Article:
When we first rolled out Windows 2000, there was a lot of group discussion about how did you decide the number of forests [or groups of users] and why did you create these domains, and how did you lay out the Active Directory. Since the Active Directory was brand new, being the first ones to use it was very helpful to customers. We had a lot of deep technical discussions with our deployment team. Since we’re early adopters, we spent a lot of time as we went through the process communicating what we were thinking and, frankly, what doesn’t work well.
The best example revolves around Windows 2000 and the Active Directory. There were two scenarios that needed extra work. One was getting the Active Directory and server applications such as Exchange to work together to utilize the Active Directory effectively so that the end-to-end solution was solid. The second was the multiforest scenario. The problems here revolved around ensuring that all the components that modified data in the directory (account creation and management systems, applications, synchronization tools) worked together to keep the data in the directory consistent while reducing the complexity of managing the whole system. OTG’s impact really becomes important with those systemwide issues that span multiple product groups.
How do you handle enforcing IT policy?
As a company, we really try to avoid any type of bureaucracy. We do not manage desktops. It’s a decision we made a long time ago. We don’t want to tell people that they can only use a particular version of Office. We don’t think that’s going to grow a company that will have people thinking outside of what they see today. We have to support the desktops, but we don’t manage them. The only policies that we put in place are around security. What they can do and what we will force them to do if they don’t do it voluntarily. Outside of that, we let them do virtually whatever they want on the desktop.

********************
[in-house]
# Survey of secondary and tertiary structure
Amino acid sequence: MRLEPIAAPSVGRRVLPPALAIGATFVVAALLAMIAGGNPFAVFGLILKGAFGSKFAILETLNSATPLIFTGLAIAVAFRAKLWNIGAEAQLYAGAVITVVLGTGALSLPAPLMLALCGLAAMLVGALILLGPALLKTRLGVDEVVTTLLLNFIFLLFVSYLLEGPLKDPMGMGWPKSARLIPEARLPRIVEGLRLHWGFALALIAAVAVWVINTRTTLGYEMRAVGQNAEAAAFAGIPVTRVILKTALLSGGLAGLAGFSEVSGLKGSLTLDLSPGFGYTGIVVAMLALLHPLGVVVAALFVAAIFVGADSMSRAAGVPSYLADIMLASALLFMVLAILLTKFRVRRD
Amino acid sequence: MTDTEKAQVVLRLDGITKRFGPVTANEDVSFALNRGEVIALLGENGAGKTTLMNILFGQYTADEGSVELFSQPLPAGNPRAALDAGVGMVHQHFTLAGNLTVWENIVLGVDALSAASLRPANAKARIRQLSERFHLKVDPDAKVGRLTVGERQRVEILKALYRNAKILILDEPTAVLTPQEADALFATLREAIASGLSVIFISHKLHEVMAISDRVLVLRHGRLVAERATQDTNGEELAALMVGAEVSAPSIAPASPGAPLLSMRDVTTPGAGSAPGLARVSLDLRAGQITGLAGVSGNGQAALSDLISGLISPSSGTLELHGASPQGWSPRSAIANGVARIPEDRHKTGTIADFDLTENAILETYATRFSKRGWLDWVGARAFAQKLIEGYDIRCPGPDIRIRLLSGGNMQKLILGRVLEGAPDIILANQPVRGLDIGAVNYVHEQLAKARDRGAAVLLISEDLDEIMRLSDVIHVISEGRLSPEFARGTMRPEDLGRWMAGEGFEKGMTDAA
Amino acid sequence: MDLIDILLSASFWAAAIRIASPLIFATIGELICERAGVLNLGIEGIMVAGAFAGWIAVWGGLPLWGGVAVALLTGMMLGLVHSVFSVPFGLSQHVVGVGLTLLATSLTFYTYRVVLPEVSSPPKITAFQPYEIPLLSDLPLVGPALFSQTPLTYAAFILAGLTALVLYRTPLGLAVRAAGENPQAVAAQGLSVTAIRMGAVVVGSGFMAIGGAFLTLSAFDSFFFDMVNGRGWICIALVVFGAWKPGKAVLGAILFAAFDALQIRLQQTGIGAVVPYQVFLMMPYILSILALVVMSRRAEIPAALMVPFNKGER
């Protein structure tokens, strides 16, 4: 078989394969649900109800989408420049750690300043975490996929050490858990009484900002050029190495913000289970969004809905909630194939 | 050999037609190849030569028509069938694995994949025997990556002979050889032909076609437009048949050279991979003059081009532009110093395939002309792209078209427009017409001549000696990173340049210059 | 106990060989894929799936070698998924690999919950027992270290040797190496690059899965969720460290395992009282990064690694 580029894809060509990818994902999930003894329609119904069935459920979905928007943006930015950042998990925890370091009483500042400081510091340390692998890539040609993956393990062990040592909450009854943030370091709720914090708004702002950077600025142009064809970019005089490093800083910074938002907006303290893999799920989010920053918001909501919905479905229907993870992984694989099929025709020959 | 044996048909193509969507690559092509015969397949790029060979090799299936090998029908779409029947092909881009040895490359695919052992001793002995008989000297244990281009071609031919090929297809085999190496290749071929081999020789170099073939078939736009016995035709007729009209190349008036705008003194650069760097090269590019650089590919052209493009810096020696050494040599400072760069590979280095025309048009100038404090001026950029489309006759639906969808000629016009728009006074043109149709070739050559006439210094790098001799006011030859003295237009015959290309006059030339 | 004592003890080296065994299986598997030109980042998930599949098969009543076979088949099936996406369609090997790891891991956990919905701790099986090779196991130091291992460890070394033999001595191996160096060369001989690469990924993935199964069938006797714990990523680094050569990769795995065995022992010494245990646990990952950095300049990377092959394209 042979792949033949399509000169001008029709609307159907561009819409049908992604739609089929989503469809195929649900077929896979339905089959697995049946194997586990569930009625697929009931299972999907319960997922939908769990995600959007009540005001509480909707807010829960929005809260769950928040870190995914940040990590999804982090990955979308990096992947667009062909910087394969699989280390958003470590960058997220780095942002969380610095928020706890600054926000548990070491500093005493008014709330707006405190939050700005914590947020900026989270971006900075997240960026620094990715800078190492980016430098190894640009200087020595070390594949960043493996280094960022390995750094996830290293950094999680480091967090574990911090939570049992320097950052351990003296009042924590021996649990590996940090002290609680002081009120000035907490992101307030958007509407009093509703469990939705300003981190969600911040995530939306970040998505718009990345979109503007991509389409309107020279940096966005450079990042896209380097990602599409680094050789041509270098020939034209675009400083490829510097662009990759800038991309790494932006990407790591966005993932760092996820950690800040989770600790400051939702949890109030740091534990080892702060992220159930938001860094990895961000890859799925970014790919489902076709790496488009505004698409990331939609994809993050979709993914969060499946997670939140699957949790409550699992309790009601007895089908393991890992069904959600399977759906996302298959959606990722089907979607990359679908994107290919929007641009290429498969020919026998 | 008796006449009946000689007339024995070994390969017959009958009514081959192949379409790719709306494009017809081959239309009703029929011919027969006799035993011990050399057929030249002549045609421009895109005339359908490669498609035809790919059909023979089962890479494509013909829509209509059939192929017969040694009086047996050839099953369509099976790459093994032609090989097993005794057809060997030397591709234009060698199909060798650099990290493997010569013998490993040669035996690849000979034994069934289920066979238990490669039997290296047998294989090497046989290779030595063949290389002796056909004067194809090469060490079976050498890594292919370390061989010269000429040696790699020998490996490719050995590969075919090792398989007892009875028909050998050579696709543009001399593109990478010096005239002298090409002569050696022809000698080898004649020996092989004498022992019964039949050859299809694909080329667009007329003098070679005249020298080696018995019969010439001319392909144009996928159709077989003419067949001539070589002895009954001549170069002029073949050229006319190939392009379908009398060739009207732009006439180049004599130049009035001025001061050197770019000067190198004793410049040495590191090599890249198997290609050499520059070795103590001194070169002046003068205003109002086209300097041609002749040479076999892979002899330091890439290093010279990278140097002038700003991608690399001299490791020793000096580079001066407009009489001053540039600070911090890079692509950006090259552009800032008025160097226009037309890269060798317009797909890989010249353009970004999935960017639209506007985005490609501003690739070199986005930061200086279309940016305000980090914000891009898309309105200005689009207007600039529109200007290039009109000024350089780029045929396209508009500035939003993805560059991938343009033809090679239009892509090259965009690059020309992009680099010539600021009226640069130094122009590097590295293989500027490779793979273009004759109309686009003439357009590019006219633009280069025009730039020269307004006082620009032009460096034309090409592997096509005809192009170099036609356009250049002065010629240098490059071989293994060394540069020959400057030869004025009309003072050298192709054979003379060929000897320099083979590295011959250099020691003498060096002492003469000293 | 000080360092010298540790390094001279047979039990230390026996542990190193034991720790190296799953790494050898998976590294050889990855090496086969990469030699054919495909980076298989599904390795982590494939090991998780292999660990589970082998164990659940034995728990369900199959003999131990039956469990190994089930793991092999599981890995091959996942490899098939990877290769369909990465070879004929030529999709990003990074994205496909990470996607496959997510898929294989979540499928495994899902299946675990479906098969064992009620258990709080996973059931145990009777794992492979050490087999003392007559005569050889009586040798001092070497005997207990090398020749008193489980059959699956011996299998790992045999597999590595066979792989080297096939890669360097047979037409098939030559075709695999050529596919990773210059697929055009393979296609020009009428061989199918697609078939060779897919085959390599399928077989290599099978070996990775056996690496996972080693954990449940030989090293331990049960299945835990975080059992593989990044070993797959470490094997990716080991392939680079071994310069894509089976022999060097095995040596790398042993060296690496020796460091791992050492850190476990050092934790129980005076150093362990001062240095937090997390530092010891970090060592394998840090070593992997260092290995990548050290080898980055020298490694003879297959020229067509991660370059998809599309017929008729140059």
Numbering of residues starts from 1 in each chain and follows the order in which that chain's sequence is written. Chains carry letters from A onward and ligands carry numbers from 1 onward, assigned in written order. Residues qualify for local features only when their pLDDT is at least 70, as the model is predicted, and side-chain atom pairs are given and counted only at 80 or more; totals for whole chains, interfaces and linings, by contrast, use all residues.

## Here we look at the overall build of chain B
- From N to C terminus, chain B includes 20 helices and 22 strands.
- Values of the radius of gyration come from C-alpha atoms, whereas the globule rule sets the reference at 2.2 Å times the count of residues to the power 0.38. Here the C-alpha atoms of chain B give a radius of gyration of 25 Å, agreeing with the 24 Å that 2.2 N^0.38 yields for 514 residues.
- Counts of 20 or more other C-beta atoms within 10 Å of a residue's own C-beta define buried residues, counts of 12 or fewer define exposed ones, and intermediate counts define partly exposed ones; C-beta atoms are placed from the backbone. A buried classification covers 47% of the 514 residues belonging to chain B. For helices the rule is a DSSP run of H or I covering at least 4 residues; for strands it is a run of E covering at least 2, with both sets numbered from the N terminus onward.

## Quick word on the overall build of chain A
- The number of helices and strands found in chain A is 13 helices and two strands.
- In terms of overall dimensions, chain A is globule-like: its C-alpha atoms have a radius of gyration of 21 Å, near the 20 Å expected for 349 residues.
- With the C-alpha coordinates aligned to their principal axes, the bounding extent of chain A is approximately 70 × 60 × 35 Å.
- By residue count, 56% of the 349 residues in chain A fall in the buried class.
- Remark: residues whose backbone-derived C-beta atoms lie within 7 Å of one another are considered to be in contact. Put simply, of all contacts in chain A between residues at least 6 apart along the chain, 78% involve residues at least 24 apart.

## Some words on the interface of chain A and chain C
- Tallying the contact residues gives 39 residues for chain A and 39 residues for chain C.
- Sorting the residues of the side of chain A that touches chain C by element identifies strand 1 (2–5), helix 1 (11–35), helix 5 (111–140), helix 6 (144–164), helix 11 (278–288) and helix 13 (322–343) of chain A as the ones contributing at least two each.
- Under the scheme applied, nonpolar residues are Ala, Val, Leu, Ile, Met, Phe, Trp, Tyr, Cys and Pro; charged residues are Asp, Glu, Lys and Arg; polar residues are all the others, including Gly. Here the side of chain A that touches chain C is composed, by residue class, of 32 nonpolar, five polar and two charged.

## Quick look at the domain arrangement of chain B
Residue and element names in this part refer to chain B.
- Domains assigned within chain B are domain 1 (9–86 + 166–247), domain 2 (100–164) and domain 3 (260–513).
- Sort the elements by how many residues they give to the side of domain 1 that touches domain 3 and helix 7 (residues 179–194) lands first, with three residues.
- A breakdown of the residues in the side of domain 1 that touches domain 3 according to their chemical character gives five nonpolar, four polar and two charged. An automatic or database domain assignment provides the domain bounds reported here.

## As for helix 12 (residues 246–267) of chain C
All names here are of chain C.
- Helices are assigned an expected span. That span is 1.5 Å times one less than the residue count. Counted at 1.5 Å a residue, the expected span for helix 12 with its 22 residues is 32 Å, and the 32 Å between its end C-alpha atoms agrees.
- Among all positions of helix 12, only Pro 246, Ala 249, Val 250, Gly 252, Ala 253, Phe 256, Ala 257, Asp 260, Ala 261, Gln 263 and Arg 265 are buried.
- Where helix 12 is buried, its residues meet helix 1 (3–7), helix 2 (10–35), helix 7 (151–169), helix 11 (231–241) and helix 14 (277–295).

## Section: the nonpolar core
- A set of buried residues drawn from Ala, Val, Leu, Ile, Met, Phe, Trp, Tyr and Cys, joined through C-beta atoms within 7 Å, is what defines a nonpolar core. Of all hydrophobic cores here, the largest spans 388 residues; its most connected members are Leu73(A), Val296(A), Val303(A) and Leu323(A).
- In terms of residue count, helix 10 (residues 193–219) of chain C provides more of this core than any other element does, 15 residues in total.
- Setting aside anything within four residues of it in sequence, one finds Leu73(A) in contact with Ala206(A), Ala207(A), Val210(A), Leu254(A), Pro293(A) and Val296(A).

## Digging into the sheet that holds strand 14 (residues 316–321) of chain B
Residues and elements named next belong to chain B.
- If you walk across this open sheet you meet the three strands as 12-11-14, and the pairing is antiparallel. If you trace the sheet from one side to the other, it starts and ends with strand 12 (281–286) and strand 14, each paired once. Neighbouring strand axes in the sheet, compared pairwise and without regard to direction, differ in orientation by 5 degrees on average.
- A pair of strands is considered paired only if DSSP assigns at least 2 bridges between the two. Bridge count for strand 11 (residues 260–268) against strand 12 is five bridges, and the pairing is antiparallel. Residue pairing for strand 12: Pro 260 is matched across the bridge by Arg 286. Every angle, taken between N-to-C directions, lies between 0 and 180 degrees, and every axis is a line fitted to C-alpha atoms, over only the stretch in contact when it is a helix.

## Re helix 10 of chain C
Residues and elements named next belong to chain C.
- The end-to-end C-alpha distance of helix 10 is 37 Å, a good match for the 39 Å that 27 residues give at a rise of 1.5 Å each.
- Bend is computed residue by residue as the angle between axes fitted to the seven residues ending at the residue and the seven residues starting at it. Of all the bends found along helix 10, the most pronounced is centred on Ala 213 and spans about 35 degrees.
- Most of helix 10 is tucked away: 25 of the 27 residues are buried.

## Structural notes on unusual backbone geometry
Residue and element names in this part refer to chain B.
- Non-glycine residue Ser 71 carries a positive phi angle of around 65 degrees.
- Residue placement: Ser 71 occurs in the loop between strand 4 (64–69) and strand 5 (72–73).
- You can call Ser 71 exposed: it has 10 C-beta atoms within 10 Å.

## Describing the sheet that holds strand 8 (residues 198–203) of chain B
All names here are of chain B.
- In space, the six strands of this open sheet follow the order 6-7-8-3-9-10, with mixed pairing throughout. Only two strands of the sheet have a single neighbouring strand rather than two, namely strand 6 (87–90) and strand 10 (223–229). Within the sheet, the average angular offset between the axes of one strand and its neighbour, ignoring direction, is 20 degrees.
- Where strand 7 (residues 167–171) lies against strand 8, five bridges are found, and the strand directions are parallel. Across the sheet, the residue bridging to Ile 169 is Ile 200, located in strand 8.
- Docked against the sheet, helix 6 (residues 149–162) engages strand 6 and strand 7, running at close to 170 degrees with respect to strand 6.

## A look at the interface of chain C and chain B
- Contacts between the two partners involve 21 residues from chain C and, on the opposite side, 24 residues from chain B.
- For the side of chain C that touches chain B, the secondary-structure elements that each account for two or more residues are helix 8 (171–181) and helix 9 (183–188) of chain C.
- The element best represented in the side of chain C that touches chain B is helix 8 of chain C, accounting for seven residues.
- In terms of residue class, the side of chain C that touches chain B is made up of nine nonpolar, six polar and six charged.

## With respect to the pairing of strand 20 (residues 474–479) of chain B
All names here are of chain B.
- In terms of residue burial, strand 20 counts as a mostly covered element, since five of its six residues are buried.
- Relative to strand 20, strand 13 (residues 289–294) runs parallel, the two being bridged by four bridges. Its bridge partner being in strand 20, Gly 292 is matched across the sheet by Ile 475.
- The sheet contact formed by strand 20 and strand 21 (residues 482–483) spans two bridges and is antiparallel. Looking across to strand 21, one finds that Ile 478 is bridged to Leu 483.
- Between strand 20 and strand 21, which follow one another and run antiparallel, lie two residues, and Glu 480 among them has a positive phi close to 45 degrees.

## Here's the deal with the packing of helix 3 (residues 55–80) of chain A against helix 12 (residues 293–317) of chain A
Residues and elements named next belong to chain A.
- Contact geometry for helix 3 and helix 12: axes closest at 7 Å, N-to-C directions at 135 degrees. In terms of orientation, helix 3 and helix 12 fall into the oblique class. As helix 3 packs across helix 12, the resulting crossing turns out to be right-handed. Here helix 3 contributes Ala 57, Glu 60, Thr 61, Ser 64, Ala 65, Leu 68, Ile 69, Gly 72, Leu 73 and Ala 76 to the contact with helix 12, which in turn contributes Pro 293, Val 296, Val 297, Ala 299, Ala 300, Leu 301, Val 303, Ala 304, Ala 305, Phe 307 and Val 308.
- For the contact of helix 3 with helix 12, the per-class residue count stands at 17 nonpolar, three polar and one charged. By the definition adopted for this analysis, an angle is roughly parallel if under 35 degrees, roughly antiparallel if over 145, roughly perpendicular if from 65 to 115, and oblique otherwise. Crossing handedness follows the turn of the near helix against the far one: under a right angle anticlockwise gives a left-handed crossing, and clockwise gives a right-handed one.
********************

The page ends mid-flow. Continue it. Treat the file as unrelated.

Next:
If people go to a server and pull something down, and it crashes their machines, we as a team will have to go fix them. Does that have a productivity hit? Yeah. It has a cost and a productivity hit for them. On the other hand, if they pull something down that they haven’t seen before, and it excites them and results in a better product, that’s a pretty good price to pay.
Has the recent Slammer incident caused you to change any of your policies?
The security of the network relies on three things being in balance: people, process and technology. In the case of the Slammer virus, we had a process in place for forcing patches in the data center, we had a process of notifying end users of the patch, and we had the technology that enabled the patching process. Where we fell short was with our people. The Slammer hit our developer labs that sit outside of our managed network environment. We were relying on these lab managers to update the machines to the latest patches, and they didn’t do it in a timely manner. As a result of the Slammer, we are considering whether a forced patching policy or further network segmentation to isolate our labs is preferable on a go-forward basis. Our recommendation will be finalized during the next several weeks.
Speaking of security, what is your role in relation to all the people who think about security within Microsoft?
I like to think I’m the person most concerned about security in the enterprise. If there’s an incident that puts our information or our customers’ information at risk, it’s happening on my watch, so I’m involved at a fairly granular level.
To be secure you need great technology, but just as important, you need great people and great processes. We’ve got a team that focuses on the technology; I focus on people and processes. The biggest weakness is people.